The Senate voted 18 to 17 Wednesday to pass the nation’s first state mandate on private employers to offer paid sick days. The measure has Gov. Dannel Malloys support as it goes to the House where it is expected to pass. This act by the General Assembly and the Governor is just another hostile move towards small businesses in Connecticut.
The law requires affected companies to give one hour of sick time for every 40 hours of work, up to a maximum of five days a year. It is effective Jan. 1. It applies to dozens of specific types of service workers at companies with more than 50 employees. Exempt are manufacturers, municipalities, and YMCAs.
Senate Minority Leader John P. McKinney, R-Fairfield, noted that benefit is required of a large restaurant, but not the school cafeteria where his children eat daily.
“It’s OK if our kids are served food from someone who is sick, but it’s not OK if someone goes into a restaurant?” McKinney said. ctmirror
In a perfect world all the arguments for this bill would make sense, but as anyone in the workplace that has sick days already know, it’s a free day off with pay. How many of us have used that privileged day for things other than illness? So under the guise of letting mommy stay home to care for her child or daddy to stay home as not to share his germs with fellow workers, the small business owner is being mandated to pay them whether that is the reason or not-it’s theirs to use.
Once again the fine print in these bills are never explained either. Why are manufacturers exempt? Why? What makes them different than the small business owner when it come to the argument of paying employees to stay home when they are sick? Ditto municipalities. Do theses employees have non contagious germs or something? This is deja vu where the healthcare reform was passed and mandated for the public but wasn’t good enough for Congress to be part of.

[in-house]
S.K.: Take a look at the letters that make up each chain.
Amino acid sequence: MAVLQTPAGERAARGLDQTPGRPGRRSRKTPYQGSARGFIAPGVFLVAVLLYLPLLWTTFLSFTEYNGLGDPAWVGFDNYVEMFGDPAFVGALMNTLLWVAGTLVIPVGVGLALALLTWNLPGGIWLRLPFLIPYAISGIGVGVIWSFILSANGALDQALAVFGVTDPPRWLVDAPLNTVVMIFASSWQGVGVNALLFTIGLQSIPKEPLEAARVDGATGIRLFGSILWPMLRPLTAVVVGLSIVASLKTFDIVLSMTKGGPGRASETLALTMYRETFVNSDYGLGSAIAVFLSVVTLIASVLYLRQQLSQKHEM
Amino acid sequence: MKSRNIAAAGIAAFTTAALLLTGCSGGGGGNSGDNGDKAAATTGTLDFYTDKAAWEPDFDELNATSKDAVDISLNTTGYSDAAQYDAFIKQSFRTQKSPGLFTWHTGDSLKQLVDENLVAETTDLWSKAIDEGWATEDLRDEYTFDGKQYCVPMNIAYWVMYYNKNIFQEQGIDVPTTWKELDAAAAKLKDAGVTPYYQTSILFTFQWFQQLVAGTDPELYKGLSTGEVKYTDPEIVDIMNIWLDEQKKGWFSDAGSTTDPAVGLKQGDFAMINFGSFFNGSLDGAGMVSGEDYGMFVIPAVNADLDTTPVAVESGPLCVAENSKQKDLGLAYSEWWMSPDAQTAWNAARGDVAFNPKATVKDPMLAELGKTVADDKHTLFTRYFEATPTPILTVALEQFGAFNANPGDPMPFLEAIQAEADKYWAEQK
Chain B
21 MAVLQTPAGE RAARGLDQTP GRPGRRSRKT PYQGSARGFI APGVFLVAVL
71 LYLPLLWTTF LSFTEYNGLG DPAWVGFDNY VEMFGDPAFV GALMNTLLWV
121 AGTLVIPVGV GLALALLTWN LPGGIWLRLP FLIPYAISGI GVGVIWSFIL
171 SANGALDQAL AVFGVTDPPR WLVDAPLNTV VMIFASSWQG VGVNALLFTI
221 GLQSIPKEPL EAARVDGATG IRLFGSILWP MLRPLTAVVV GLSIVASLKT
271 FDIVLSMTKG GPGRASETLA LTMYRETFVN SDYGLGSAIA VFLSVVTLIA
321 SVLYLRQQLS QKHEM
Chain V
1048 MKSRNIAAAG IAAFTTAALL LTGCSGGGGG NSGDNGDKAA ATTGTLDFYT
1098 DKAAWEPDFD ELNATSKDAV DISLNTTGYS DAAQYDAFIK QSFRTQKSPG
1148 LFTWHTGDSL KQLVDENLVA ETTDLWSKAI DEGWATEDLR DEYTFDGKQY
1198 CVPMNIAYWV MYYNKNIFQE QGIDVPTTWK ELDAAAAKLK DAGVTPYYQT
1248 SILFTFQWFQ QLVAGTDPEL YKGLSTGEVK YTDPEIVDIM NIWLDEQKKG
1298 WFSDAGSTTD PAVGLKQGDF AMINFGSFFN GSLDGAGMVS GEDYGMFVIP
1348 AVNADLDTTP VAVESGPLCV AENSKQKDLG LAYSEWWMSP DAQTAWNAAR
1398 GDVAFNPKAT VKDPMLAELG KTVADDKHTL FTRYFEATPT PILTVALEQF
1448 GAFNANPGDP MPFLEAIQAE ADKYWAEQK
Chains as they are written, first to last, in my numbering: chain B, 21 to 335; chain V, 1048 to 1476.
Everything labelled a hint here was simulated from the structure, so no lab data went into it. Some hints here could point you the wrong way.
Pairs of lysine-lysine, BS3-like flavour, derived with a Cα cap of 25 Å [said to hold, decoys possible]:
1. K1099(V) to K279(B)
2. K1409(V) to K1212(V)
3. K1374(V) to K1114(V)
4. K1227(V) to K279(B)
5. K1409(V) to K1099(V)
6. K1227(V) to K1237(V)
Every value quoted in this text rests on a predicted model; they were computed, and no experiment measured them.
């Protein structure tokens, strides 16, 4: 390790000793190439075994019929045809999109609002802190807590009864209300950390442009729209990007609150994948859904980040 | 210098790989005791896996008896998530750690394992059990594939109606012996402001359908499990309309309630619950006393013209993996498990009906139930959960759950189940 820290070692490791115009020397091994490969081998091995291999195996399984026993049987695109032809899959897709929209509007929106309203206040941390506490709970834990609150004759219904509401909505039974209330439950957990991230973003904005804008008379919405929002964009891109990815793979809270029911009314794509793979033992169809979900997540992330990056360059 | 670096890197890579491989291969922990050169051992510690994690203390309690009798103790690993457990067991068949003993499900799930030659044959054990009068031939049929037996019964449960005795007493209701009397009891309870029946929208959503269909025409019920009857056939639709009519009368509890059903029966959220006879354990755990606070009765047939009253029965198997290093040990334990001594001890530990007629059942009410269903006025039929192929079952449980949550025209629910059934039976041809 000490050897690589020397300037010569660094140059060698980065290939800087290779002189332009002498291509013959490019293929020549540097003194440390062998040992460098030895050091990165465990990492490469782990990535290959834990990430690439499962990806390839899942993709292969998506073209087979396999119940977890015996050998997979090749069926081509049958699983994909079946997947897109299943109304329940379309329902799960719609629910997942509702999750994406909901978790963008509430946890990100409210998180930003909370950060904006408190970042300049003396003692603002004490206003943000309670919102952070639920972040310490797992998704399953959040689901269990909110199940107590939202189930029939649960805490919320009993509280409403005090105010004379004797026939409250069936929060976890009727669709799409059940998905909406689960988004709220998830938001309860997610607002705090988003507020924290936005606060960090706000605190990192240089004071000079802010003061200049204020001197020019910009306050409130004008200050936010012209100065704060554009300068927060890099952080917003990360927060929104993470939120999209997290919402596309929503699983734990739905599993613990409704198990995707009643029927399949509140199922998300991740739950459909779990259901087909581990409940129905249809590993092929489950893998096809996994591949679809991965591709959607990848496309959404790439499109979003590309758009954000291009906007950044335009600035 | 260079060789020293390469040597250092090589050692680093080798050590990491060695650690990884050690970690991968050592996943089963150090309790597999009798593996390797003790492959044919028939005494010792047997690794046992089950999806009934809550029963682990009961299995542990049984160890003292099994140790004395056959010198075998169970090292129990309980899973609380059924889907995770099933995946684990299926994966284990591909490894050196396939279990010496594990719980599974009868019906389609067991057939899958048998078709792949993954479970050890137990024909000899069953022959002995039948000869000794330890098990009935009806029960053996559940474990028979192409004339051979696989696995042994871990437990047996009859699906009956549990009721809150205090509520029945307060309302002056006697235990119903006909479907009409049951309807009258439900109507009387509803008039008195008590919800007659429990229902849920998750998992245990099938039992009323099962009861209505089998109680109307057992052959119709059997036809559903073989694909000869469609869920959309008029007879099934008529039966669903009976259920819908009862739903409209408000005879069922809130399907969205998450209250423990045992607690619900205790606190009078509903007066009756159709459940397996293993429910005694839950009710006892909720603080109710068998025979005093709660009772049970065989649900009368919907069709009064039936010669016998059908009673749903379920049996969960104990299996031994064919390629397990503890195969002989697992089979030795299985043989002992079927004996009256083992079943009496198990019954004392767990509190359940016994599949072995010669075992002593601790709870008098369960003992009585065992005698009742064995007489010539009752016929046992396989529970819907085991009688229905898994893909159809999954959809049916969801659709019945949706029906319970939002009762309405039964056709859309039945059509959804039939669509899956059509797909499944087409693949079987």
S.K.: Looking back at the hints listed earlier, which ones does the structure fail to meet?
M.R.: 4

The course the State of Connecticut is on is one of ruin. Higher taxes which will suppress if not depress growth, a state Earned Income Credit (EIC), which on the federal level is the most abused tax policy in place and can be expected to become abused here as well, and the counterproductive estate taxes for small business owners. In addition the Governor has implemented policies that have already been proven in other states and at the federal level has having been failures such as the Amazon Tax (virtually unenforceable as even acknowledged by Department of Revenue Services Commissioner Kevin Sullivan), and the luxury tax tried at the federal level back in 1991, which had such a devastating affect on those industries that it was eventually repealed.
It’s clear in my mind that the financial course the state is on is a recipe for disaster, and should come as no surprise when our neighboring states begin to see signs of recovery while we wallow in the stranglulation of regulations and higher taxes.